Number 5 Is Alive Pat Metheny Plays Well With Robots in the Studio for Orchestrion

At a recent demo for Pat Metheny’s Orchestrion project, the multiple Grammy Awards–winning guitarist and jazz icon stood before a small orchestra of acoustic instruments, but without the musicians who would normally accompany them. As Metheny played his Ibanez PM120 guitar, the orchestra—drums, cymbals, other guitars, percussion, vibraphone, marimba, piano, tuned bottles, and “guitar bots” (guitar-like instruments that resemble rubber bands stretched over skateboards)—played complementary parts to his flowing melodies. Like magic, these solenoid and pneumatic driven robots performed complex accompaniment created from Metheny’s love of jazz, cross rhythms, global music, and textural sound pieces. If you closed your eyes you could see an entire orchestra performing; open your eyes and poof!—no one’s there.
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At a recent demo for Pat Metheny’s Orchestrion project, the multiple Grammy Awards–winning guitarist and jazz icon stood before a small orchestra of acoustic instruments, but without the musicians who would normally accompany them. As Metheny played his Ibanez PM120 guitar, the orchestra—drums, cymbals, other guitars, percussion, vibraphone, marimba, piano, tuned bottles, and “guitar bots” (guitar-like instruments that resemble rubber bands stretched over skateboards)—played complementary parts to his flowing melodies. Like magic, these solenoid and pneumatic driven robots performed complex accompaniment created from Metheny’s love of jazz, cross rhythms, global music, and textural sound pieces. If you closed your eyes you could see an entire orchestra performing; open your eyes and poof!—no one’s there.

Pat Metheny

The advanced man/machine technology used in Metheny’s Orchestrion [Nonesuch] relies on the work of Eric Singer and LEMUR (the League of Electronic Musical Urban Robots), as well as Metheny’s mastery of MOTU’s Digital Performer, Digidesign Pro Tools, Ableton Live, and Sibelius.

“Digital Performer is the champ of all MIDI platforms,” Metheny states from New York. “DP is the most musical and the most locked rhythmically, which is a huge thing for me. This project has very specific tech requirements, which are about the internal timing of how a platform works. DP was the first to do sample accurate MIDI. That figures heavily into this.”

Metheny references earlier attempts at self-playing instruments, such as Yamaha’s Disklavier, then cites pioneers like Conlon Nancarrow and George Antheil, who advanced the art of mechanically coupled instrumentation and composition. Metheny brings their work into the 21st Century.

“Triggering MIDI events from a guitar has been a challenging engineering problem for 30 years,” Metheny explains. “The key to that for me is a box made by TerraTec Electronics, the Axon AX 50 USB. It’s the fastest and most accurate guitar-to- MIDI box ever. Yet, there is a certain latency that happens from the time the string is plucked to when [you hear the sound]. The Axon could trigger samples, but this goes a step further. It’s triggering an actual instrument. How the instrument responds is another thing.”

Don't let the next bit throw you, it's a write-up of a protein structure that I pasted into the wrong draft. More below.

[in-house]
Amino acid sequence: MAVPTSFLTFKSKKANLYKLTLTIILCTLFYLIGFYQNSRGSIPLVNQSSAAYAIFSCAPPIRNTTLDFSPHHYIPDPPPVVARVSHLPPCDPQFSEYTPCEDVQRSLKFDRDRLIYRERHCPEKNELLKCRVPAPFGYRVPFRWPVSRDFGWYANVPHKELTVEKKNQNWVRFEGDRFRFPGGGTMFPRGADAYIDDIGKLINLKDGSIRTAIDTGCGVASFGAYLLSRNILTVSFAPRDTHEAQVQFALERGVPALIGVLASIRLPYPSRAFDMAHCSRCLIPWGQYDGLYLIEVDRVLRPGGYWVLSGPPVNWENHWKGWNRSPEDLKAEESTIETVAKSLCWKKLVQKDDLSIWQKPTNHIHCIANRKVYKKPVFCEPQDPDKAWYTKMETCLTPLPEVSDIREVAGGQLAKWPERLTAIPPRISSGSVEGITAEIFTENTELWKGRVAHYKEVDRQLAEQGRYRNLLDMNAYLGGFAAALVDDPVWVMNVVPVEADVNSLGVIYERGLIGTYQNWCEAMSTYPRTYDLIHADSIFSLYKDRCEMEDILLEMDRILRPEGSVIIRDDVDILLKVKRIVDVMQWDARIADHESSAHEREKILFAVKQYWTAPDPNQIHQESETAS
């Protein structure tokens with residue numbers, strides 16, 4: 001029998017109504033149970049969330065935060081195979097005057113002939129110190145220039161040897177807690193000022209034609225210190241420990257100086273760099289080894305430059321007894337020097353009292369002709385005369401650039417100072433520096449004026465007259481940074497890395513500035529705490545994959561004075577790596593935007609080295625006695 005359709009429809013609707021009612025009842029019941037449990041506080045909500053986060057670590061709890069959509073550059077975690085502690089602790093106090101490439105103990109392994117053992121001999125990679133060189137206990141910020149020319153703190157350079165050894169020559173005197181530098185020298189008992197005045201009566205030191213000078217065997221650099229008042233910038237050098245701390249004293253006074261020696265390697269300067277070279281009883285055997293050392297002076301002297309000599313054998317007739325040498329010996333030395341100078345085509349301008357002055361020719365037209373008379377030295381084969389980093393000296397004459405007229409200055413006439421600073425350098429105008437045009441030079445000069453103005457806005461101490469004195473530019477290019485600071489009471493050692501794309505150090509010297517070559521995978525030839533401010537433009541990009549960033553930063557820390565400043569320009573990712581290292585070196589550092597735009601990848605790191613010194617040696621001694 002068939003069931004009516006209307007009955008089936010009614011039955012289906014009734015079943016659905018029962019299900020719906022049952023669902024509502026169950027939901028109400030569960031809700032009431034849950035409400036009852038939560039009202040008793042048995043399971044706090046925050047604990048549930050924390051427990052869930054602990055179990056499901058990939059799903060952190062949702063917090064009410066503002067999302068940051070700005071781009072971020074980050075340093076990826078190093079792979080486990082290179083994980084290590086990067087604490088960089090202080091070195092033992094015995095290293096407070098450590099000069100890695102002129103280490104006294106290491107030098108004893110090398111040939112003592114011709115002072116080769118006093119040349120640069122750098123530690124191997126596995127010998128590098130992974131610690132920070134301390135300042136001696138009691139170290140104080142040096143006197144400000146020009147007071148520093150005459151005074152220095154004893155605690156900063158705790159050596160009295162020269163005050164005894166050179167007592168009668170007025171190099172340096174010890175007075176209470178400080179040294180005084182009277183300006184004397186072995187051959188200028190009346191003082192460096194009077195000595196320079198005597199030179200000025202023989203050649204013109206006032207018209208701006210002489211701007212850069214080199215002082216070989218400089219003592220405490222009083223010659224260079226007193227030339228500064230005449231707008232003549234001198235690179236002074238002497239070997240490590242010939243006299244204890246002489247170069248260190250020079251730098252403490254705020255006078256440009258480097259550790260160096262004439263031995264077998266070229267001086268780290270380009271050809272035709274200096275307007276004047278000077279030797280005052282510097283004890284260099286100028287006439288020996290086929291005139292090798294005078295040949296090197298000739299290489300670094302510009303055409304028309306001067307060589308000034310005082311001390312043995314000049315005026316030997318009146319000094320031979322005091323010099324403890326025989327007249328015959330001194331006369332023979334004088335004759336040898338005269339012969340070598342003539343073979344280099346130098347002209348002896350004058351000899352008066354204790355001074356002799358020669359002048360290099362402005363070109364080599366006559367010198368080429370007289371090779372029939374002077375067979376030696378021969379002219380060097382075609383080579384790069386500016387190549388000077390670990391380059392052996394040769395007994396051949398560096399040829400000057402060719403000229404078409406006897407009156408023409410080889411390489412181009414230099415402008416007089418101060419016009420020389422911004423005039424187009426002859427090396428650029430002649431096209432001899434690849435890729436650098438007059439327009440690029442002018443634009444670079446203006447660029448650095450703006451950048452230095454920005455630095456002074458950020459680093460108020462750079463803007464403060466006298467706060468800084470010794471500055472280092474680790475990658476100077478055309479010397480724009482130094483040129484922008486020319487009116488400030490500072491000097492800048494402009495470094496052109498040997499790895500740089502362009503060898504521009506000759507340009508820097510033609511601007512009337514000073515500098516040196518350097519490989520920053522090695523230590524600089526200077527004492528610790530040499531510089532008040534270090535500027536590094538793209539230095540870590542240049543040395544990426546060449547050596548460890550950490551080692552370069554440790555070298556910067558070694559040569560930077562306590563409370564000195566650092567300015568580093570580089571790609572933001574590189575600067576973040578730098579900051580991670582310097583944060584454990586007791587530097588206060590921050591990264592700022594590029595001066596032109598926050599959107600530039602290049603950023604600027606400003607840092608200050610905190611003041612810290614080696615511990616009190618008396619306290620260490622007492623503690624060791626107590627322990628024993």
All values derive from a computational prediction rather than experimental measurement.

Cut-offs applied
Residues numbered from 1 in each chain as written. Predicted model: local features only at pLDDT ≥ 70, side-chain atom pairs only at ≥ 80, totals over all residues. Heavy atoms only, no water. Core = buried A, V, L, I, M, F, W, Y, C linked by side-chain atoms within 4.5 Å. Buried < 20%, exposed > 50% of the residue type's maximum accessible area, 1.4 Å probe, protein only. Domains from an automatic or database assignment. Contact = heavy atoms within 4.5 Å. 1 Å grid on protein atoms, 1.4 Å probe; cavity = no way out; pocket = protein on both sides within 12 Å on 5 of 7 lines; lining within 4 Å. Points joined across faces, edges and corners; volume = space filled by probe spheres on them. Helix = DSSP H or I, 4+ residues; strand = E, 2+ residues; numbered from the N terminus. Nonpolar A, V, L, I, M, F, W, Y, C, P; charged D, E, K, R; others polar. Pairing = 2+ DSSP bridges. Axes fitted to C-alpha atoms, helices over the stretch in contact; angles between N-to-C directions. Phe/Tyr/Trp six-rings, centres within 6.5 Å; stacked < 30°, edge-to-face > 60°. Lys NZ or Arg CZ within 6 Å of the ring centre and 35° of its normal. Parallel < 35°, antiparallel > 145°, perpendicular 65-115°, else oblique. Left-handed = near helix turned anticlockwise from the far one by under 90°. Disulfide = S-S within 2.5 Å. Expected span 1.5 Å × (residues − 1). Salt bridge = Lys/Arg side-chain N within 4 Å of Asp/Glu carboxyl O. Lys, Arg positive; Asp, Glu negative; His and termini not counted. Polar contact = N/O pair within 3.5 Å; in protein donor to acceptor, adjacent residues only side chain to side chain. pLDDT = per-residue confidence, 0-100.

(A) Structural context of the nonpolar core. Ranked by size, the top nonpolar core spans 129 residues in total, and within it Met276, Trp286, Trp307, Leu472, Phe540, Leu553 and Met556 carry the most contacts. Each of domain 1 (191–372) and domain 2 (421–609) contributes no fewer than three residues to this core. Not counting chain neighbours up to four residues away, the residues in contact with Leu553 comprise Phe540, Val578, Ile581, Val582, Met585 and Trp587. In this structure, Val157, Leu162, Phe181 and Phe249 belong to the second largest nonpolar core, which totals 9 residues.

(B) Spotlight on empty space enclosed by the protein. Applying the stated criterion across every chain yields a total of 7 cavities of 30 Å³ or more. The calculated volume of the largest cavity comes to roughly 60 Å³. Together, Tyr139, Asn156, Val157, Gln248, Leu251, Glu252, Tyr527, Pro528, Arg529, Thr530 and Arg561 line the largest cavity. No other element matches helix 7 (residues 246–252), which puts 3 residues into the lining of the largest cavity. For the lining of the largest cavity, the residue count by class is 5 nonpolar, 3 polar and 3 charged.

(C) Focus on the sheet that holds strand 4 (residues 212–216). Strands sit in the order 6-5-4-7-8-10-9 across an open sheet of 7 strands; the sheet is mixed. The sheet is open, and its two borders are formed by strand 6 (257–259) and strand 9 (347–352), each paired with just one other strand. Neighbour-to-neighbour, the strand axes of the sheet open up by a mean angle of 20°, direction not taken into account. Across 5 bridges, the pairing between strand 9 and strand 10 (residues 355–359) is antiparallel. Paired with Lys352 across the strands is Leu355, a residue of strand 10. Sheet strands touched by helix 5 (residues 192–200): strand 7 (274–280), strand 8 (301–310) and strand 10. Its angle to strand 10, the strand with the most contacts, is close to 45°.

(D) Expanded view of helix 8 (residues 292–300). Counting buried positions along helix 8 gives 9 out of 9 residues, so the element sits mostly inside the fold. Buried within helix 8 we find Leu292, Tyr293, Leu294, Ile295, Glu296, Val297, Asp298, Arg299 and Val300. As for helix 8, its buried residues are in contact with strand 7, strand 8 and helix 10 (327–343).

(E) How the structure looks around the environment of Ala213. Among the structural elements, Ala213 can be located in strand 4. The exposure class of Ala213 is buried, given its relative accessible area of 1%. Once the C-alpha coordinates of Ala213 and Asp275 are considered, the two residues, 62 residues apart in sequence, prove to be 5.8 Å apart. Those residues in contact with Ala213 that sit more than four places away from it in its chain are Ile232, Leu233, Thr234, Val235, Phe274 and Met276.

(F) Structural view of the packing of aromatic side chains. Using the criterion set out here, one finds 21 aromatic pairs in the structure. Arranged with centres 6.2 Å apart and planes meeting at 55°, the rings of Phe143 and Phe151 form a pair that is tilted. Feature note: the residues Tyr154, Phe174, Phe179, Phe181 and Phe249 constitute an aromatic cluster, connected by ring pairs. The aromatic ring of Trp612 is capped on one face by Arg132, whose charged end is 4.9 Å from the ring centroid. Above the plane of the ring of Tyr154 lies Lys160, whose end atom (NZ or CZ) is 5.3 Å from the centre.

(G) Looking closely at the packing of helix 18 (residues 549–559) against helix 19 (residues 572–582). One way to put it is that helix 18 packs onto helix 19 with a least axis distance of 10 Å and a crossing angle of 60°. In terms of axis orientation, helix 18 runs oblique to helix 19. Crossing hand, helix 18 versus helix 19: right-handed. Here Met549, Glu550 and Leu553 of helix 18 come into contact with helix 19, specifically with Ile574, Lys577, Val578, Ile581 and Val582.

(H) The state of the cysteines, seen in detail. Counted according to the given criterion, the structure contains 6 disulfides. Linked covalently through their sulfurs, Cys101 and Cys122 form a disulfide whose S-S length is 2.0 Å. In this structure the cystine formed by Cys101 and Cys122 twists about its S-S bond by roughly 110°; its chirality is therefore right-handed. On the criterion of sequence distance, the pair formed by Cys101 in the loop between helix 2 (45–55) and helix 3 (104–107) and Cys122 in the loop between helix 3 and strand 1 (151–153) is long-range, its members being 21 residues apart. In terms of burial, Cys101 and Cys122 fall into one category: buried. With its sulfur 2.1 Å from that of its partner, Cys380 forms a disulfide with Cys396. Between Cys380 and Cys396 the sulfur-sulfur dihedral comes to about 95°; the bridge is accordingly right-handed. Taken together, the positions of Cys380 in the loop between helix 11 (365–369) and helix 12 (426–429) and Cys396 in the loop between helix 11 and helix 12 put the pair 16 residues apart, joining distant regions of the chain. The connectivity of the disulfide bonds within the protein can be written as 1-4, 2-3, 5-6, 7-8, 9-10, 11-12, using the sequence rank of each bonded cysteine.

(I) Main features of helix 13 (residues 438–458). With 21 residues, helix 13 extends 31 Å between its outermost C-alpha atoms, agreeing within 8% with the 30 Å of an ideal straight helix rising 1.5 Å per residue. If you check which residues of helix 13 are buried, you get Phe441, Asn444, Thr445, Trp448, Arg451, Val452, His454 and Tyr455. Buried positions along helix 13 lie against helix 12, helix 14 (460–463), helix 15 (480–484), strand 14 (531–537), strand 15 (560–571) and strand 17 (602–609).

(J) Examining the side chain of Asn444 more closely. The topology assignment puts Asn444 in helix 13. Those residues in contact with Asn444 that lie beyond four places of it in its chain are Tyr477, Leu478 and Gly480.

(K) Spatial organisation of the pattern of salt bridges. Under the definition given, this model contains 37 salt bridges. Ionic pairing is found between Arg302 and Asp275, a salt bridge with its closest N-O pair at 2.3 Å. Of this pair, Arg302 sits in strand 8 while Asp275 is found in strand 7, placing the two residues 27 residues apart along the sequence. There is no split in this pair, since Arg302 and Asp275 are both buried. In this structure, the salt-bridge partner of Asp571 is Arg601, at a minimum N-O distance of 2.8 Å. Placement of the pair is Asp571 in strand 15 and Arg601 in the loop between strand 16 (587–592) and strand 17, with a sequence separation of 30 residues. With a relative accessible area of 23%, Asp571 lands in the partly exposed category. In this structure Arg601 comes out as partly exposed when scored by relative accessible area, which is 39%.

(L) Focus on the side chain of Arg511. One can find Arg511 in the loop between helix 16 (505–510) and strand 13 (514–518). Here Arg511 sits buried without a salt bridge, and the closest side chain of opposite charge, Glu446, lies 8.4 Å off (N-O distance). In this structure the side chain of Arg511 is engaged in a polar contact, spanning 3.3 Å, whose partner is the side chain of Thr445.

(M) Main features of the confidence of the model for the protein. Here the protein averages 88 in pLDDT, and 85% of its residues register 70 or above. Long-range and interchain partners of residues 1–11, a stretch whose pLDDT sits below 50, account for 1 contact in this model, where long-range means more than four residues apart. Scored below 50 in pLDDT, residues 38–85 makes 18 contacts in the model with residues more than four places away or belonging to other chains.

“Different inventors do this in different ways,” he continues.

“Some use solenoids or pneumatics or air-based valves that are given an instruction to close or open at a very fast rate. LEMUR’s Eric Singer cracked this whole issue of MIDI to control voltage, which allowed the control voltage to respond dynamically. That’s a huge thing for me in this project. Once Eric had dynamics in the discussion, I knew I could pull the trigger for Orchestrion.”

Metheny recorded Orchestrion at New York’s MSR Studios North, Studio B, on a Euphonix System 5-MC console. But as most of the record was written and mapped out at Metheny’s apartment (where he squeezed all the instruments into one room), the sessions were more about documentation than creation.

“It didn’t matter which instrument was recorded first,” he says. “I went into MSR with the record basically done [in Digital Performer]. Essentially, we were acoustically treating it in the studio and recording to Pro Tools. We had to uncover the best audio result of what that is. We could have recorded guitar first, or bass drum first, or the whole thing first ’cause it didn’t matter.”

If you’re a musician, you have to wonder how it feels to play with a band of robots. And if Metheny can do it, can you do it, too?

“It’s almost identical to what it feels like when you do an overdub,” Metheny explains. “It’s me playing with something that I’ve already played. So it’s like live overdubbing. And any kind of overdubbing environment is challenging.

“People ask, ‘Can I do this’?” he adds. “Sure they can. It’s just that this tapped into a bunch of real specific skill sets that I’ve spent most of my life working on. I’ve been dealing with knobs and wires from day one, I’ve lived through the computer music connection deeply. And at the same time I’ve done many records and many overdubs. To do this you’d have to be able to do all those things. And you can. And it will sound different.”